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Researchers to Develop Next-Generation Robots that Feel Pain and Heal Themselves

A research team from the Vrije Universiteit Brussel, Empa, University of Cambridge, and École Supérieure de Physique et de Chimie Industrielles de la ville de Paris (ESPCI-Paris) will be working together with SupraPolix—the Dutch Polymer manufacturer—to develop state-of-the-art robots: soft robots that “feel pain” and heal on their own.

A 3D-printed self-healing gripper holding a strawberry. (Image credit: Vrije Universiteit Brussel)

The study will be conducted over the next three years. The research partners will receive three million Euros from the European Commission for the new project.

In the near future, robots will be found in laboratories and factories and they will also be helping humans in their immediate environment. In addition, robots will assist humans in the household, reducing their workloads and thus making their lives safer.

These machines will work alongside humans but this should be done in a safe manner. In order to ensure people’s safety and facilitate the manipulation of delicate objects with dexterity, many sophisticated robots have been designed from flexible materials.

Since these robots are soft, they cannot hurt people; however, this also means that such “soft robots” are specifically prone to cracks induced by sharp objects that exist around the surroundings. It is usually time-intensive and costly to do the repairs required to get those robots back to work.

Hence to prevent this, the researchers will devise technologies within the latest SHERO project that enable soft robots to heal the damage themselves. To ensure that humans are not involved in this repair process, the researchers are studying self-healing materials that can be used to construct the soft robots. When damaged, these kinds of flexible plastics can fully heal themselves.

An embedded functional material can help in sensing and actuating the self-healing process. The European project is specifically aiming to develop a soft robot built from a self-healing material, which is capable of detecting damage and taking the required steps to (momentarily) heal the defect—provisionally as to finish the ongoing work or more completely at the time of the service operation.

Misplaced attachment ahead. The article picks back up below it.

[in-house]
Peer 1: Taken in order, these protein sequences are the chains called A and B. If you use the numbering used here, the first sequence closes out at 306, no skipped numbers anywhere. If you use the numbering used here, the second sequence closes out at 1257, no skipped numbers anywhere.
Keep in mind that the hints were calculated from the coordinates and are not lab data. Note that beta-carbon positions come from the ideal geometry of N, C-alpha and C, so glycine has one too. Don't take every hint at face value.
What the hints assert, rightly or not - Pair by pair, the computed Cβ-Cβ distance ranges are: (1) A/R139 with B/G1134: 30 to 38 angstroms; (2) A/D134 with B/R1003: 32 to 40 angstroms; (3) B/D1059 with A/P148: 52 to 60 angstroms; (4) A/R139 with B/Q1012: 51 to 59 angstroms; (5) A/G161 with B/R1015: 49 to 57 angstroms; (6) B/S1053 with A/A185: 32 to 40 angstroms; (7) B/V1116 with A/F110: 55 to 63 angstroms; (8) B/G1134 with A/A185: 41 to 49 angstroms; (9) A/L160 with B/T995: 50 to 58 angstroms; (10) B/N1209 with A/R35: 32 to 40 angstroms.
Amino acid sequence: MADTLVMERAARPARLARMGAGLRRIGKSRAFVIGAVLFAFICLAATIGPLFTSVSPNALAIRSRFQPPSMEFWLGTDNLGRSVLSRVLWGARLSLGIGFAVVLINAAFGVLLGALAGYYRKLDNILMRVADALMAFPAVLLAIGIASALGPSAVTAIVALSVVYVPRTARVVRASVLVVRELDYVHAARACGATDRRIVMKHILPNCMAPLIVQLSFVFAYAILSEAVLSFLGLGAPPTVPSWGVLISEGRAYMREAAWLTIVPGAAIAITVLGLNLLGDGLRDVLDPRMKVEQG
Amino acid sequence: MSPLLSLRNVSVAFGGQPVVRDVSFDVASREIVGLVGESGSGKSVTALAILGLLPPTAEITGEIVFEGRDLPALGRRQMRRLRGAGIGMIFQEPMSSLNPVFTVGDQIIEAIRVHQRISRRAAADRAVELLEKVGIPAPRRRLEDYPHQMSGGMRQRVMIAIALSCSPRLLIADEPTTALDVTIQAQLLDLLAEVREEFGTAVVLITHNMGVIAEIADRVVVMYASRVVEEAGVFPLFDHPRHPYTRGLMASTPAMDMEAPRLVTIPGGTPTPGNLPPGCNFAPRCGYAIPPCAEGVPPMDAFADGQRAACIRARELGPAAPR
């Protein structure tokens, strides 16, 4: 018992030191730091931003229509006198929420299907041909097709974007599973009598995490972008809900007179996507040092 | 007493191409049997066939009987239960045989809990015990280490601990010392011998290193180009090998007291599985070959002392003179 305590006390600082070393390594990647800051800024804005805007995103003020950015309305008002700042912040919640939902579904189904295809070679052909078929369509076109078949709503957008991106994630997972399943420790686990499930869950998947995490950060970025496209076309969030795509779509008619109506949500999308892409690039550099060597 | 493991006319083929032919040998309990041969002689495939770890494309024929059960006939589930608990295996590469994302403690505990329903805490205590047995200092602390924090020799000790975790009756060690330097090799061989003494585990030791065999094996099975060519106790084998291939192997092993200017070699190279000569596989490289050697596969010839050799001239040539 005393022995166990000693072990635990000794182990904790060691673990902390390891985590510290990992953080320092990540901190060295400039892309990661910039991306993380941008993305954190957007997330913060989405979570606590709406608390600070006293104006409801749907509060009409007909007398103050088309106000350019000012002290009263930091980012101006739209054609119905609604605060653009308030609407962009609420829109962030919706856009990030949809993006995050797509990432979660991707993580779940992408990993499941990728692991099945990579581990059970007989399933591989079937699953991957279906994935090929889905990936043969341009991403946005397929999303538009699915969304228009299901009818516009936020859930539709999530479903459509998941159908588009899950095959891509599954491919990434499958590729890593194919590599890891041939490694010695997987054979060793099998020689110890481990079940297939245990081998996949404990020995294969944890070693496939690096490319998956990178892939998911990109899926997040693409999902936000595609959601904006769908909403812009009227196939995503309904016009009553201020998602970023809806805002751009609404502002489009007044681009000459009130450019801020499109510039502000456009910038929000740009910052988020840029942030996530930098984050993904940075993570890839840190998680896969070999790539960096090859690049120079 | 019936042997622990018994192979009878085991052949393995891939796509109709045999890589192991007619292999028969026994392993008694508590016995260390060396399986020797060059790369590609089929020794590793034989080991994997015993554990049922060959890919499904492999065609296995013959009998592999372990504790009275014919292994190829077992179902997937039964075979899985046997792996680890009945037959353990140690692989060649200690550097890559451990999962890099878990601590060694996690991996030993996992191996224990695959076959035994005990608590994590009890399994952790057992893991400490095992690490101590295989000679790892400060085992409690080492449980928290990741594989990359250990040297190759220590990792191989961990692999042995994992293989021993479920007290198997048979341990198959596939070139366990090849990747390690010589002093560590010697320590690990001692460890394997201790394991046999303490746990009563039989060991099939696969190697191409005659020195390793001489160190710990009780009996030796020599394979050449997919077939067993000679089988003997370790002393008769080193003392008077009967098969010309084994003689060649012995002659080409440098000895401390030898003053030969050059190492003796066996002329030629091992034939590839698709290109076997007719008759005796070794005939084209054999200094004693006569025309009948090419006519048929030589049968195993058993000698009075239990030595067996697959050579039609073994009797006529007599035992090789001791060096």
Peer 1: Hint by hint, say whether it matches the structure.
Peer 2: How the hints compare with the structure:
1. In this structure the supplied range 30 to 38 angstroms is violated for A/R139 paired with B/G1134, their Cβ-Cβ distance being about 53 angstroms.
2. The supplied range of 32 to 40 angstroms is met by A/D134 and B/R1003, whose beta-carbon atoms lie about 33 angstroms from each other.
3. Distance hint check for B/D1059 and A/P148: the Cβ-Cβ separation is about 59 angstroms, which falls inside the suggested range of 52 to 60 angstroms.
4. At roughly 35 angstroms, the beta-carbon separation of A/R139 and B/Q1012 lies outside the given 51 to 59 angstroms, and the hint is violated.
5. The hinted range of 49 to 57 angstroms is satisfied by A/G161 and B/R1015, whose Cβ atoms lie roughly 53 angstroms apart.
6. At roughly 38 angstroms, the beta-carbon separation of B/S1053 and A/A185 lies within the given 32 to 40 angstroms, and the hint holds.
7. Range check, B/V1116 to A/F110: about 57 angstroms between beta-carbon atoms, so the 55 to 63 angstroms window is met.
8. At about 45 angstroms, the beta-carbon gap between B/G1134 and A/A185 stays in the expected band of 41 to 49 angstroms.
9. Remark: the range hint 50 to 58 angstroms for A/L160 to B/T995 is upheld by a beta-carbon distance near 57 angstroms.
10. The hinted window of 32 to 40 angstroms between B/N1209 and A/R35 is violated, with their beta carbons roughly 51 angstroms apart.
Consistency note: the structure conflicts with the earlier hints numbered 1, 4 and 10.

Partners Contribute their Special Know-How to the Project

This prominent project is headed by the University of Brussels (VUB) with a research team from the polymer research lab FYSC and the robotics research center Brubotics.

We are obviously very pleased to be working on the next generation of robots. Over the past few years, we have already taken the first steps in creating self-healing materials for robots. With this research we want to continue and, above all, ensure that robots that are used in our working environment are safer, but also more sustainable. Due to the self-repair mechanism of this new kind of robots, complex, costly repairs may be a thing of the past.

Dr Bram Vanderborght, Professor and Project Manager, Vrije Universiteit Brussel

Thomas George Thuruthel, Research Associate in Soft Robotics Sensing and Self-Healing at the Department of Engineering, University of Cambridge stated, “we will be using machine learning to work on the modelling and integration of these self-healing materials, to include self-healing actuators and sensors, damage detection, localisation and controlled healing. The end goal is to integrate the self-healing sensors and actuators into demonstration platforms in order to perform specific tasks.”

Empa will concentrate on novel flexible actuators and sensors, which can be incorporated into the self-healing polymers.

In a first step we will embed our piezoresistive soft material sensor fibres in the self-healing polymer to sense continuously the strain and to detect the region where self-healing process has to be activated. In later step other kind of sensor and actuators will be integrated, depending on the final application,” explained Frank Clemens, Group leader at the Laboratory for High Performance Ceramics.

We feel privileged to be a partner in this consortium of Europe’s top research groups on soft robotics. We are convinced that our self-healing materials can bring this field to the next level, thereby creating value for SupraPolix, robotics, and the community at large.

Tonny Bosman, CEO, SupraPolix


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